“Veganism Ruined My Health” … (the rise of the ex-vegan)

Sensationalist headlines from the gutter press claiming “veganism ruined my health” can be found all over the web. It’s pretty desperate to be honest but something we should address as there’s usually a large dose of insincerity in these articles.

“Veganism Ruined My Health” – Are You Sure?

 Before we get started you should know there is now a huge body of evidence to confirm the many health benefits of a vegan diet. When done properly, veganism does not ruin your health. We need to take these sensationalist claims with a pinch of salt because there’s usually a hidden agenda going on. 


Watch: Mic The Vegan unpacks a unique “ex-vegan” health claim


The popularity of veganism has exploded over the last 10 years. Maybe you’re considering moving over to a vegan lifestyle? Maybe you’re already there or, quite possibly, you’re in the transition from meat-eater to plant-based.

Whatever stage you’re at, you’ve probably heard it said that a vegan diet is more healthy than one rich in animal fats – So why is there a small, but vocal group of people claiming their vegan diet ruined their health?


It’s All About The Benjamins Baby

"Veganism ruined my health" (image of US 100 dollar bills spread out) As veganism has risen meteorically in the last decade or so it has caught the attention of marketing types. These days we have the evolution of the “influencer” and big business have been keen to capitalise on the phenomenon.

Not everyone can stick it out as a vegan. It’s a major lifestyle change, after all and if you’re heart is not in it 100% (for the animals) then it’s likely you’ll struggle to keep it up.

So there is the inevitable attrition as people quit veganism and go back to eating dead animals. Often, a deterioration in health is cited as the reason – well unless they have a rare medical condition, they were simply doing it wrong.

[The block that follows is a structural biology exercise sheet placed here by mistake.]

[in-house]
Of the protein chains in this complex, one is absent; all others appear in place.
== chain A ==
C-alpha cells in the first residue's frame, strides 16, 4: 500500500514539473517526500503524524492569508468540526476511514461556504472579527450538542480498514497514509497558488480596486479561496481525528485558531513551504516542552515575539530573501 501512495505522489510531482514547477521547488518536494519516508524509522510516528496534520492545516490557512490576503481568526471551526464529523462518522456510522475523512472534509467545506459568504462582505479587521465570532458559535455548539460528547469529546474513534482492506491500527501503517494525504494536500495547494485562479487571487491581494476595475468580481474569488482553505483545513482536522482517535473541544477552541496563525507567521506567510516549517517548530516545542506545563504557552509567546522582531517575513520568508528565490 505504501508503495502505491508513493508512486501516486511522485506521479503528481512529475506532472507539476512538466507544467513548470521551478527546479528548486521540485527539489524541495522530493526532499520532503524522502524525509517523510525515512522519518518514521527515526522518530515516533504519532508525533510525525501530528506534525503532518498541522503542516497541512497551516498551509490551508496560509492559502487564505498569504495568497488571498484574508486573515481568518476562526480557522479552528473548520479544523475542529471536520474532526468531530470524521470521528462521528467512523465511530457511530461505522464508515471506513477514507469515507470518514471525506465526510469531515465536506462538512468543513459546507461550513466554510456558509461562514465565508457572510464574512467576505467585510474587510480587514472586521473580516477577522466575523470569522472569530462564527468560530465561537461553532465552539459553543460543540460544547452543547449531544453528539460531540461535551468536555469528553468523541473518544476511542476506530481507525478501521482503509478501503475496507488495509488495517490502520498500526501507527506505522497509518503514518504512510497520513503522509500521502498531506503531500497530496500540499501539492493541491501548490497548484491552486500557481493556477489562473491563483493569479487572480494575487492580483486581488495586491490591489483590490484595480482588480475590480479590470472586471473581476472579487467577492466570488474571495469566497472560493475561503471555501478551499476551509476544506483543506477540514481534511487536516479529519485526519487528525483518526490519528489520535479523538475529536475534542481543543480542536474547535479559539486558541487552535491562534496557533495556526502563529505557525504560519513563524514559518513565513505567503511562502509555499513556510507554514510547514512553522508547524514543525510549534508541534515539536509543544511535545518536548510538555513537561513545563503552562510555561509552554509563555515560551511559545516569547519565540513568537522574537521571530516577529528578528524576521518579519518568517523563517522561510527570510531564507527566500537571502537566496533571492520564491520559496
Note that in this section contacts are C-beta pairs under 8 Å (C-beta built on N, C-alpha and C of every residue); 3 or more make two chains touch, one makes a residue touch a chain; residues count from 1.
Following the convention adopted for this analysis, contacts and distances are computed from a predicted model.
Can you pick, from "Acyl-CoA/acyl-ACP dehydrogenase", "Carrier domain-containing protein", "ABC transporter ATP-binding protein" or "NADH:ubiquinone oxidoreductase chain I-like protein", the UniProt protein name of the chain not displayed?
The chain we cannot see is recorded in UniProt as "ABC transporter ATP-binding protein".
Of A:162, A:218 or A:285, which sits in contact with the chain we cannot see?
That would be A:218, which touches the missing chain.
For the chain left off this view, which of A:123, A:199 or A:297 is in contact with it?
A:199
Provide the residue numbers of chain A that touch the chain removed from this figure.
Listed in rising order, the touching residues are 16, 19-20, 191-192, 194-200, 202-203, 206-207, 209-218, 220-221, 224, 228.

Then there are other wholly disingenuous individuals who give it up as part of a ‘marketing tactic’. Really?

Yep. Someone even wrote a step by step guide on how to exploit the vegan community in order to further their social marketing ‘career’. Pretty desperate … but it works!

In essence, you proudly claim you’ve gone vegan and the community welcomes you with open arms. You spend a year or so creating tons of vegan content then suddenly you announce you’re quitting because veganism “ruined” your health.

These types were always chasing the money and were probably eating meat all along! In the immortal words of Puff Daddy, “It’s all about the Benjamins baby” 🙂

Why don’t we look at veganism and health in a more measured manner … ?


Turning Back The Clock – Vegan Weaklings!

In the dark ages when vegans were burned at the stake on sight, we were perceived as frail and lacking in life’s nutrients, always portrayed in the media as pale individuals with no get up and go. The reality couldn’t be further removed from this perception and these days most experts agree a balanced vegan diet is healthier than one focused on animal fats.

Image of a jar of milk

If you are of a certain age it would’ve been drummed into you how important it was to consume plenty of milk, cheese, eggs and various meats in your diet. The tentacles of the meat and dairy industry reach far and wide. You were told without these dietary elements, you would not be getting enough protein, calcium, vitamins etc etc.

It was believed your bone mass would deteriorate, your muscles would wither and you would generally be a sub-optimal human being, physically and mentally. This portrayal suited the big agricultural lobbyists in the meat and dairy industry and they capitalised on the imagery.